“For an emerging brand, micro and nano influencers are extremely important.”
After the trend of big influencers with millions of followers, we’re witnessing the emergence of micro and nano influencers – small communities – who attract the interest of brands. Is this the trend that emerging brands should follow to create loyalty and a strong community?
Absolutely: for an emerging brand, micro and nano influencers are extremely important: these “minor” influencers are followed much more closely by their restricted community, that is so trusted as to make people to follow their recommendations blindly. This creates a very loyal, solid base.
“Social networks amplify even the least important events, and they love scandals and emotions.”
We witnessed the epic fail of Dolce & Gabbana in China and the cancelling of the fashion show which was supposed to be their biggest one ever. Many e-commerce businesses withdrew their collaboration – a considerable danger in such a key market. What value does reputation have, and how can it be controlled and defended?
In essence, the brand is linked to performance. It is becoming more and more important and difficult to manage, especially if we consider the impact of social networks that amplify even the least important events and who love scandals and emotions. In these fields, I think it’s very important to have teams that are varied, with different backgrounds and experiences, and who will therefore be able to see threats more easily, compared with mono-cultural teams who tend to think in a more Pavlovian way.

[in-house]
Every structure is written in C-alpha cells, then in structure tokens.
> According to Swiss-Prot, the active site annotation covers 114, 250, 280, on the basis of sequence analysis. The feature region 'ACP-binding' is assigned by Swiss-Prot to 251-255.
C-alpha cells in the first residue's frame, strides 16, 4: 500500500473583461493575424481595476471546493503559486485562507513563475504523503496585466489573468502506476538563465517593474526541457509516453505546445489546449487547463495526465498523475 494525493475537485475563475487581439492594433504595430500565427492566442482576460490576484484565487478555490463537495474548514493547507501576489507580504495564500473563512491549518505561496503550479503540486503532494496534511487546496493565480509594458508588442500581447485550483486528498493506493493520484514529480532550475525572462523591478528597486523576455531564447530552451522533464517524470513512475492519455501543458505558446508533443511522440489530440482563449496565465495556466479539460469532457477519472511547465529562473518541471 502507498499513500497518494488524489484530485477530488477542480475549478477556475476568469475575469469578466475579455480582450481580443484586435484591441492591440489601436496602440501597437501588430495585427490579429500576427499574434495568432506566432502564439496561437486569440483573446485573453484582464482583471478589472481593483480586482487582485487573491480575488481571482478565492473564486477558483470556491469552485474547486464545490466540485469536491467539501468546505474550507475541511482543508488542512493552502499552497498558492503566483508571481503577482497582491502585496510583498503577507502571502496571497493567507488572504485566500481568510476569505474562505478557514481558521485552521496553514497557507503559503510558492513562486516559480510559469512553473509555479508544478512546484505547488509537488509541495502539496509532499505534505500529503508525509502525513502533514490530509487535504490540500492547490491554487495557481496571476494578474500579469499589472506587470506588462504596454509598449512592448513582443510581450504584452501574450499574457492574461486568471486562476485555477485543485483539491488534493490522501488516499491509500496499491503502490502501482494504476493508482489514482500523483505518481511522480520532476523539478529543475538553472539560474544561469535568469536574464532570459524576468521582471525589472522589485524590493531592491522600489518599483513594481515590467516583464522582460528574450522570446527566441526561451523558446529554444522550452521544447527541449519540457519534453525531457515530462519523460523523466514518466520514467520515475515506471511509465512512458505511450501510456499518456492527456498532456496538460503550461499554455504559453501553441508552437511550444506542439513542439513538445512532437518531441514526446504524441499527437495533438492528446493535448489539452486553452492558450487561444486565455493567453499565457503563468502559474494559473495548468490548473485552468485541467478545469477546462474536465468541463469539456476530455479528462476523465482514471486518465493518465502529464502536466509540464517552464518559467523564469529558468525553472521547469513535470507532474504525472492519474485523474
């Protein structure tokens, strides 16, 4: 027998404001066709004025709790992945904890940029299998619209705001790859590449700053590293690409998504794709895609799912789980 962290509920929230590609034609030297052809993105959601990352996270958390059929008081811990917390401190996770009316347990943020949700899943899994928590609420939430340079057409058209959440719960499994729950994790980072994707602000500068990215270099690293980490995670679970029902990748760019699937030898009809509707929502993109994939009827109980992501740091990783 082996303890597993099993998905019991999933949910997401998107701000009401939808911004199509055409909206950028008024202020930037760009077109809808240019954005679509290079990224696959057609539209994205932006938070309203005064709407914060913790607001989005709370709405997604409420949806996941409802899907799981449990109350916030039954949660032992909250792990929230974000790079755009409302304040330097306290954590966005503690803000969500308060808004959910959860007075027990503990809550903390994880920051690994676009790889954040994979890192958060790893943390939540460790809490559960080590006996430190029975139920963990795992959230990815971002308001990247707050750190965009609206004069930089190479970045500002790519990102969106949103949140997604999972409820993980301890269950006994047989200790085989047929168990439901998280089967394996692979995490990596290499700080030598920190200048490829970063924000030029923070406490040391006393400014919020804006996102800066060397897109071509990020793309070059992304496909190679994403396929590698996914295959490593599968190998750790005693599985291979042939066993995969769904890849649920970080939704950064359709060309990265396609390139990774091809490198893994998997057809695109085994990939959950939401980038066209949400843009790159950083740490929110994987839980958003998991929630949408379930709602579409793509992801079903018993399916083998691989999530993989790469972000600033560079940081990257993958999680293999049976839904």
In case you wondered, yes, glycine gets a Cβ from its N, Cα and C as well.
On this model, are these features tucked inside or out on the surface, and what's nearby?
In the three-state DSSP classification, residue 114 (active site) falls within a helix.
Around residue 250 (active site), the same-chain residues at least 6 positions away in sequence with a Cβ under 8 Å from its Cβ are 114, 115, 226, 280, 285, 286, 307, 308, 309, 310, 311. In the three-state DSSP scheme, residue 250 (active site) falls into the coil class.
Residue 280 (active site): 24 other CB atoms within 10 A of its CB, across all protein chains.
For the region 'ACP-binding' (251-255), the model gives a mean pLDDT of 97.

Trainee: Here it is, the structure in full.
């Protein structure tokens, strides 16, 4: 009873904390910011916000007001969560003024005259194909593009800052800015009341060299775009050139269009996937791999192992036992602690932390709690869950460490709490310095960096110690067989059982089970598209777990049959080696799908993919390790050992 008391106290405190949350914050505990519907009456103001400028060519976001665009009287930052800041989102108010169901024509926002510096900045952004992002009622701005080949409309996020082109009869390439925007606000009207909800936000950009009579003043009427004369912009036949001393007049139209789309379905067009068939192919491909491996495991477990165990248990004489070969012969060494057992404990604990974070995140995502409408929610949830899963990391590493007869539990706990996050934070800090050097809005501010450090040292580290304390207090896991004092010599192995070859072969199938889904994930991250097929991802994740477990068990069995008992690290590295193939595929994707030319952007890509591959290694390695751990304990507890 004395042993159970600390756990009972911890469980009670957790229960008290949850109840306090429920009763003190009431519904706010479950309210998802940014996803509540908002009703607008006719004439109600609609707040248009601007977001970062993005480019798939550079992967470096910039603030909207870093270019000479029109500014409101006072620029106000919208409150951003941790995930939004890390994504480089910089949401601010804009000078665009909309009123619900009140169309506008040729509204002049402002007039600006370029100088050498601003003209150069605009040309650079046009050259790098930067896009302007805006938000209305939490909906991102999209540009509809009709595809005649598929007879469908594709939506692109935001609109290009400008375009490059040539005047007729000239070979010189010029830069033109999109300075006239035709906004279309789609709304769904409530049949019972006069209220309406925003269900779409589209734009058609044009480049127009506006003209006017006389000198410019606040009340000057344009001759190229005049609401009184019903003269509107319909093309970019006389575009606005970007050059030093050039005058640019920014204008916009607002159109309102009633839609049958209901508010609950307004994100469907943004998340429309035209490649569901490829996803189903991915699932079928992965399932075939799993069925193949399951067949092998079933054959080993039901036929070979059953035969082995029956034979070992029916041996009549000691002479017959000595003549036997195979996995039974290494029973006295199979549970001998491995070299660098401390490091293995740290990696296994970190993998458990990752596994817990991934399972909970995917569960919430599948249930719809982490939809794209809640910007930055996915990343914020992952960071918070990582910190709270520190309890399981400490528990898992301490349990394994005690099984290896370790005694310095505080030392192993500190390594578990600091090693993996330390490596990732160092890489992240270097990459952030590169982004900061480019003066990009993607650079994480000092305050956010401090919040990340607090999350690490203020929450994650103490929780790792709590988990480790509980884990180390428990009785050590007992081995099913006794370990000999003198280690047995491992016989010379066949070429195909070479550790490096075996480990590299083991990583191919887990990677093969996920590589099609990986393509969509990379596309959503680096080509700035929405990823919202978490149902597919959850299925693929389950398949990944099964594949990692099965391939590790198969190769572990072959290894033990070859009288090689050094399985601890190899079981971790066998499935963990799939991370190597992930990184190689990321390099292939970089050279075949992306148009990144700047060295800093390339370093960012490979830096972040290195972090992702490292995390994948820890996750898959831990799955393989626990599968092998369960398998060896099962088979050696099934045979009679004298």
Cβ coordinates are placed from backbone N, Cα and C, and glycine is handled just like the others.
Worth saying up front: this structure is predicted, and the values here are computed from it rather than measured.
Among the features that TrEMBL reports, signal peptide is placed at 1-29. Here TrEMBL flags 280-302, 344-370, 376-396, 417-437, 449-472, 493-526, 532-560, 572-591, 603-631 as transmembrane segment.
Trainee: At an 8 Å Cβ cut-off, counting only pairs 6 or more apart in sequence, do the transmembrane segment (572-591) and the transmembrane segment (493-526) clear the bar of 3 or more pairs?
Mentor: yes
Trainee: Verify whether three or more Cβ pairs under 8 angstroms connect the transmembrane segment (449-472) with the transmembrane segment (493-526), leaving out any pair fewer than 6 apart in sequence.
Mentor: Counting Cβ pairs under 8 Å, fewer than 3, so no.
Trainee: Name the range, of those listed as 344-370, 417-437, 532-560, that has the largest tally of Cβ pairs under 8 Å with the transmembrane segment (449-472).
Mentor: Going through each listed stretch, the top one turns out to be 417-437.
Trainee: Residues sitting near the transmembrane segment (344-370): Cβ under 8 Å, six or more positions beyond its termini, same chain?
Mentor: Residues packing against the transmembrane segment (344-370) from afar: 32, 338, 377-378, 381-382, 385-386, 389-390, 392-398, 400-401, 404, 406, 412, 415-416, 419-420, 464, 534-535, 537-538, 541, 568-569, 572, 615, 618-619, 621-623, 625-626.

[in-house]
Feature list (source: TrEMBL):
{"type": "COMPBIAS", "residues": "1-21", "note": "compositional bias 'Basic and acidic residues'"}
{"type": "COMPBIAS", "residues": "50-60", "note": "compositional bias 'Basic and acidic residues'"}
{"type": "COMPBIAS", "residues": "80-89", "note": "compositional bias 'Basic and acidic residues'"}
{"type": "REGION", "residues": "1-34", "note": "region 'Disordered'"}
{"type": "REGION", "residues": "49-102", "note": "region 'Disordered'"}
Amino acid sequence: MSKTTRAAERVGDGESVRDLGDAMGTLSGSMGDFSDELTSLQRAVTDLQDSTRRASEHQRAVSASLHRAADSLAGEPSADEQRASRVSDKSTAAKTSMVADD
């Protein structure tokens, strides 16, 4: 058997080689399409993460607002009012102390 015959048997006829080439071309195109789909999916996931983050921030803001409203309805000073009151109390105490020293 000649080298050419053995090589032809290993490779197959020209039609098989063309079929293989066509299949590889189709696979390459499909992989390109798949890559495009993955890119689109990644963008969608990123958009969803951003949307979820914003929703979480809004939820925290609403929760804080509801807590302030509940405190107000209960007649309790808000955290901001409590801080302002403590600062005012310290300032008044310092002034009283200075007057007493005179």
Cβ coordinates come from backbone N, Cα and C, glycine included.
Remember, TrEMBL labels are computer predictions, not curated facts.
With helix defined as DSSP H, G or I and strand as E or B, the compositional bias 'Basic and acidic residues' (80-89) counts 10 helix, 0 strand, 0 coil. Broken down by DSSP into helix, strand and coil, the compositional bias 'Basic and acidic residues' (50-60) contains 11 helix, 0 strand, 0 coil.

“It is absolutely necessary that technology is at the service of real people, because consumers want to find meaning in their purchases.”
Fashion is the most innovative sector in the world, a profitable industry which attracts investments, GAFA in particular, who invest in artificial intelligence by introducing a new business model and a personalised relationship with users. Is technology at the service of real people?
It is absolutely necessary that technology is at the service of real people, because consumers want to find meaning in their purchases. We cannot afford not to consider the fact that technology is also a vector for manipulation and standardisation. As such, it seems very positive that Microsoft is launching an initiative to promote a legal framework for facial recognition to protect people’s rights and freedoms.
What technological innovations are you most excited about? And what will change the relationship between brands and consumers?
Artificial intelligence, virtual reality, the blockchain system to guarantee transparency. Innovation, technology, ethics, experience, emotion and seduction are essential and must operate in perfect harmony.
The model of exasperated consumption is finishing, and there is a growing search for more humanity, ethics and meaning. What word can we use to replace “consumer”?
The word “consumer” is no longer suitable. We could say partners, teammates, allies, or even friends.
“If it’s true that the fashion textile sector is one of the most polluting on the planet, we should give it credit for questioning itself and doing some soul searching.”